A number of ANU experts have commented on the 2014 United Nations Climate Change Conference (COP20) which has begun in Lima, Peru and will until December 12. The conference marks the start of negotiations for a new global climate agreement to be signed in Paris in late 2015.
The conference also follows the landmark U.S.-China climate deal announced at the G20 Summit in Brisbane.
Associate Professor Frank Jotzo
Director of the Centre for Climate Economics and Policy
ANU Crawford School of Public Policy.
"China's and America's announcement on emissions targets will be the backdrop for talks at the UN climate conference in Lima. All other countries are now expected to prepare their own pledges. Crucially, that includes industrialising and developing countries.
“Australia is perceived to be starting from behind, having opposed discussion of climate change at the G20 and refusing to make a contribution to the UN Climate Green Fund. But Australia has every opportunity to match international action with a significant post-2020 reduction target, without hurting the economy."
Dr Ida Kubiszewski
Senior Lecturer at Crawford School of Public Policy
Representing the Dominican Republic as a negotiator at COP20
“The recent agreement between the US and China, and subsequent funding pledges into the Green Climate Fund by a dozen countries, has changed the conversation tremendously. This move forward creates a real opportunity for a serious agreement to be signed at COP21 in Paris in 2015.”
Dr Nigel Martin
Research School of Accounting and Business Information Systems
ANU College of Business and Economics
“Following the recent G20 Leaders Summit in Brisbane, the United States and China have set a very strong tone for future negotiations on a global agreement on climate change. That said, the talks in Lima will hopefully be a major step along the pathway that leads us to a more lasting set of international arrangements for reducing greenhouse gas emissions in Paris 2015.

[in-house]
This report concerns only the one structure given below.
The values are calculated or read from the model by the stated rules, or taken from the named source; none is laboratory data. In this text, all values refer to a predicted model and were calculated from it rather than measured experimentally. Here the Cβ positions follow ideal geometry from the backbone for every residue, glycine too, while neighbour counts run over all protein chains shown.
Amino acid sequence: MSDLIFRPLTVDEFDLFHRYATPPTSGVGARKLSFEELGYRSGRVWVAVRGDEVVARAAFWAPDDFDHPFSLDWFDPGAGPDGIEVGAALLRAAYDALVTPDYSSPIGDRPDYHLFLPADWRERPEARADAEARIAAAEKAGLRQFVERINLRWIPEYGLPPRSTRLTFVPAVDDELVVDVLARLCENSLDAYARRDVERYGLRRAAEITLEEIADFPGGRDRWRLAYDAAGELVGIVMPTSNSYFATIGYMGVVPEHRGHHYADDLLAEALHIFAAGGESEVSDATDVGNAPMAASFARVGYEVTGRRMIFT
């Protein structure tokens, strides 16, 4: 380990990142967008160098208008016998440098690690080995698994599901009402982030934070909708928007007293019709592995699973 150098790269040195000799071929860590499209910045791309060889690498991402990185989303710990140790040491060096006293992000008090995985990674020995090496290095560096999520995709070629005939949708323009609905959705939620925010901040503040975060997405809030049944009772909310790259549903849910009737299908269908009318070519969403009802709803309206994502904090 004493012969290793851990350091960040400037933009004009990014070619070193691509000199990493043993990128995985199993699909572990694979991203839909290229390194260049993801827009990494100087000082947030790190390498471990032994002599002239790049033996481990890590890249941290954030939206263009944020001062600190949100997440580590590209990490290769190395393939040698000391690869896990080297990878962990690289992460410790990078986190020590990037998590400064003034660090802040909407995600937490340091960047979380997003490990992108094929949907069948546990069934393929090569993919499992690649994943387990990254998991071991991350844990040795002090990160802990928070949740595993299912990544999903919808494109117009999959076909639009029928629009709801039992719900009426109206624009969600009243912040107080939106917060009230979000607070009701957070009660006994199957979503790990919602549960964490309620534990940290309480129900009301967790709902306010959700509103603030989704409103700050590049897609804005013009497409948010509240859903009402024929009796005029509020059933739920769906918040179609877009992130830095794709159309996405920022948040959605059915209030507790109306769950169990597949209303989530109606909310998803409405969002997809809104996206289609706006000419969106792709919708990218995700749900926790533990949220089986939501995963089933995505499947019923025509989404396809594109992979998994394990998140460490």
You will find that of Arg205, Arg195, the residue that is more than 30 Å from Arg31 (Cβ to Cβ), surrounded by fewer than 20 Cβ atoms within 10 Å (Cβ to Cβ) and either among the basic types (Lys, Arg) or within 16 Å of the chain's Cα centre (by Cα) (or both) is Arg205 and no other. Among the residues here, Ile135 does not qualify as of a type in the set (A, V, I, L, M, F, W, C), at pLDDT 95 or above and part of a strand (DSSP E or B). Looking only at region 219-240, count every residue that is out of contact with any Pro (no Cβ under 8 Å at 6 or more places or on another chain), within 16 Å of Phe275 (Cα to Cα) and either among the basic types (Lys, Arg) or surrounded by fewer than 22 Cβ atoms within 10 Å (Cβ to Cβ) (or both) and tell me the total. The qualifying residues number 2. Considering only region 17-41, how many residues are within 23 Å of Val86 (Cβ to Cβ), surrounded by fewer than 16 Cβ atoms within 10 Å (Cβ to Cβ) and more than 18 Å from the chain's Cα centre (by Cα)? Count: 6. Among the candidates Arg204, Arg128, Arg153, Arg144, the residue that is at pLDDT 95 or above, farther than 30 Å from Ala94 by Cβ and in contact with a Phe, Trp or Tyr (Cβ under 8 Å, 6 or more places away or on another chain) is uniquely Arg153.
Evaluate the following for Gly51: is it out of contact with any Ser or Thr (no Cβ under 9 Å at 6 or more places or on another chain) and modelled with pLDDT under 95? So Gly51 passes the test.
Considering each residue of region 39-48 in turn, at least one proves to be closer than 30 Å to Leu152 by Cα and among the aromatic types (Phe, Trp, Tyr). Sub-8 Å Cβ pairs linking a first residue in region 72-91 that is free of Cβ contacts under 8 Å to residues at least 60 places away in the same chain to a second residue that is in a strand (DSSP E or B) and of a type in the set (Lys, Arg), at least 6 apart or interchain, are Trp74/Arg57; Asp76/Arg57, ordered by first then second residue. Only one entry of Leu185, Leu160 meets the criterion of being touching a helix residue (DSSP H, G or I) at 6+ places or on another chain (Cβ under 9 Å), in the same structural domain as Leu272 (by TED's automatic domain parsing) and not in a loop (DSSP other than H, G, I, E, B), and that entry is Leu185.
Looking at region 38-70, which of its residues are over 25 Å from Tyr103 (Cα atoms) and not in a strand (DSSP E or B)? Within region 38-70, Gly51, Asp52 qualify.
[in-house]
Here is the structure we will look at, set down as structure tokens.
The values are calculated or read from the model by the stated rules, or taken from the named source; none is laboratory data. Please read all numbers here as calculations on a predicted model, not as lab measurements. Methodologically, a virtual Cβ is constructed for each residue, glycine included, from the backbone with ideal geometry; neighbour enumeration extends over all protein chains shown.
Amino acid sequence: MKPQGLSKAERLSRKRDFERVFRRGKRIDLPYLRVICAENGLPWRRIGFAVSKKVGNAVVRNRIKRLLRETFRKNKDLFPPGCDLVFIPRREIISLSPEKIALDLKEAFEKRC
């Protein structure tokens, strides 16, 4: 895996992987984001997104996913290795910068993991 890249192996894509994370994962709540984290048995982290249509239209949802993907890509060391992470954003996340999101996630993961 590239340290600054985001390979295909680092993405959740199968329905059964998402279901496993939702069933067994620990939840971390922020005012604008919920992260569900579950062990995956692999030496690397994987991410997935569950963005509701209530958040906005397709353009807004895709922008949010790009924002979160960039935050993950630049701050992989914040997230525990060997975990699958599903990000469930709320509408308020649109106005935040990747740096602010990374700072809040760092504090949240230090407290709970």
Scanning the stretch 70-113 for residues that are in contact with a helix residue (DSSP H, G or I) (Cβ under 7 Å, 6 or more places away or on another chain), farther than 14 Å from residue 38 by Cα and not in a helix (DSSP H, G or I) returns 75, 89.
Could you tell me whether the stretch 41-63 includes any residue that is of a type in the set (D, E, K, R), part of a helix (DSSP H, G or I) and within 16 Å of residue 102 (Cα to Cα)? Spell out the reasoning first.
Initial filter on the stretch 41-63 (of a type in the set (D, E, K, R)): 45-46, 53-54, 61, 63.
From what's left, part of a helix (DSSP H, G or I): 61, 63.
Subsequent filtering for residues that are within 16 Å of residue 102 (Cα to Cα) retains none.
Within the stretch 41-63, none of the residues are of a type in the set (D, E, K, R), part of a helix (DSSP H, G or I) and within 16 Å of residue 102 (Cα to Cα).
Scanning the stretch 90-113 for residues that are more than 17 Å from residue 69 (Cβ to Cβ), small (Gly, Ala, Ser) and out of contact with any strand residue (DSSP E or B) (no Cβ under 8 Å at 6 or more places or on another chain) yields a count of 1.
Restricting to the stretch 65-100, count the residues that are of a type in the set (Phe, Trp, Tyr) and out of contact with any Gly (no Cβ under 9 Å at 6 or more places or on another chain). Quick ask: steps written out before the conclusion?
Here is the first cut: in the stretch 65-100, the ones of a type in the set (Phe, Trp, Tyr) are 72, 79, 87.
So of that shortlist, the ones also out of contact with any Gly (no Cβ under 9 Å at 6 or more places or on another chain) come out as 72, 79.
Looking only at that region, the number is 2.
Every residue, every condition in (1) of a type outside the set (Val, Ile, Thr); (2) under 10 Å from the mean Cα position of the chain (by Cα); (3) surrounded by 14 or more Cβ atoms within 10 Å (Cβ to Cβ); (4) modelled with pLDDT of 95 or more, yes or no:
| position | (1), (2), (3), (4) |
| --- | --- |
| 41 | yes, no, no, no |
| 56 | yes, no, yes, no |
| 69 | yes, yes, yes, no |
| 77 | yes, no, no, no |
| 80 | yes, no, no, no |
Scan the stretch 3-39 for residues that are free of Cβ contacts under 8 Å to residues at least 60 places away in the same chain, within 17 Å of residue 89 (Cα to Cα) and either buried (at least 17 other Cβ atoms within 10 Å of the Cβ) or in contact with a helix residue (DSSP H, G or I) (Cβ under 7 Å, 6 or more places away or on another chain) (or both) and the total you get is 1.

“From the sustainable development perspective, and trying to get developed and least developed countries to come together on this issue, my hope is that constructive environmental policy integration is presented as a key issue in Lima. We all need to think about what climate change means not just for the environment, but also in economic and social terms. This really is an international issue that needs to equitably take into account all countries, irrespective of their state of development or contribution to global emissions”.
Dr Liz Hanna
Fellow of The National Centre for Epidemiology & Population Health
ANU College of Medicine, Biology and Environment
“Australia must show fair and serious commitment at the COP20. At the G20, China and the U.S. gazumped our Prime Minister’s attempts to bury climate change from the agenda. Surely that embarrassment will jolt him to stop cringing from climate change and behave with dignity on the international stage.
“Heat waves and wild storms eerily made a mockery of the fossil fuel mouthpieces we have in government. Pretending a) no such thing exists, or b) it isn’t due to humans, or c) it won’t affect us for decades is not a credible position.
“Even Canada has now pledged $256 million to the Green Climate Fund. Australia’s continued meanness is becoming our characteristic feature. After WWII, Australia’s respectful treatment for our interned in Cowra earned us international reputation as a decent honourable country. Abbott has trashed our reputation, just as he is trashing the future of our children.
“Australia’s health sector calls on the Australian Government to show that it cares for its people, not just short term profits of the coal industry. People’s lives and livelihoods are in danger. Worse, they are robbing our children’s future.
“In Lima and Paris, we expect Australia to stand tall, and commit to realistic emission targets, and levels of funding to the Green Climate Fund that is commensurable with our per capita contribution to the problem.”
Professor Andrew Blakers
Director Centre for Sustainable Energy Systems
ANU College of Engineering and Computer Science
“The fastest way to achieve large carbon emission reductions is to take full advantage of the extraordinary energy revolution happening right now due to rapid price reductions of wind and PV.
“Wind and PV are now fully competitive with new-build fossil and nuclear power stations, but without the environmental, social, raw materials, fuel supply and security issues.
“This allows the rapid elimination of most coal and gas burning. Shifting land transport to electricity allows the elimination of most oil burning. Of course, improved energy efficiency, elimination of deforestation and other measures are also required.”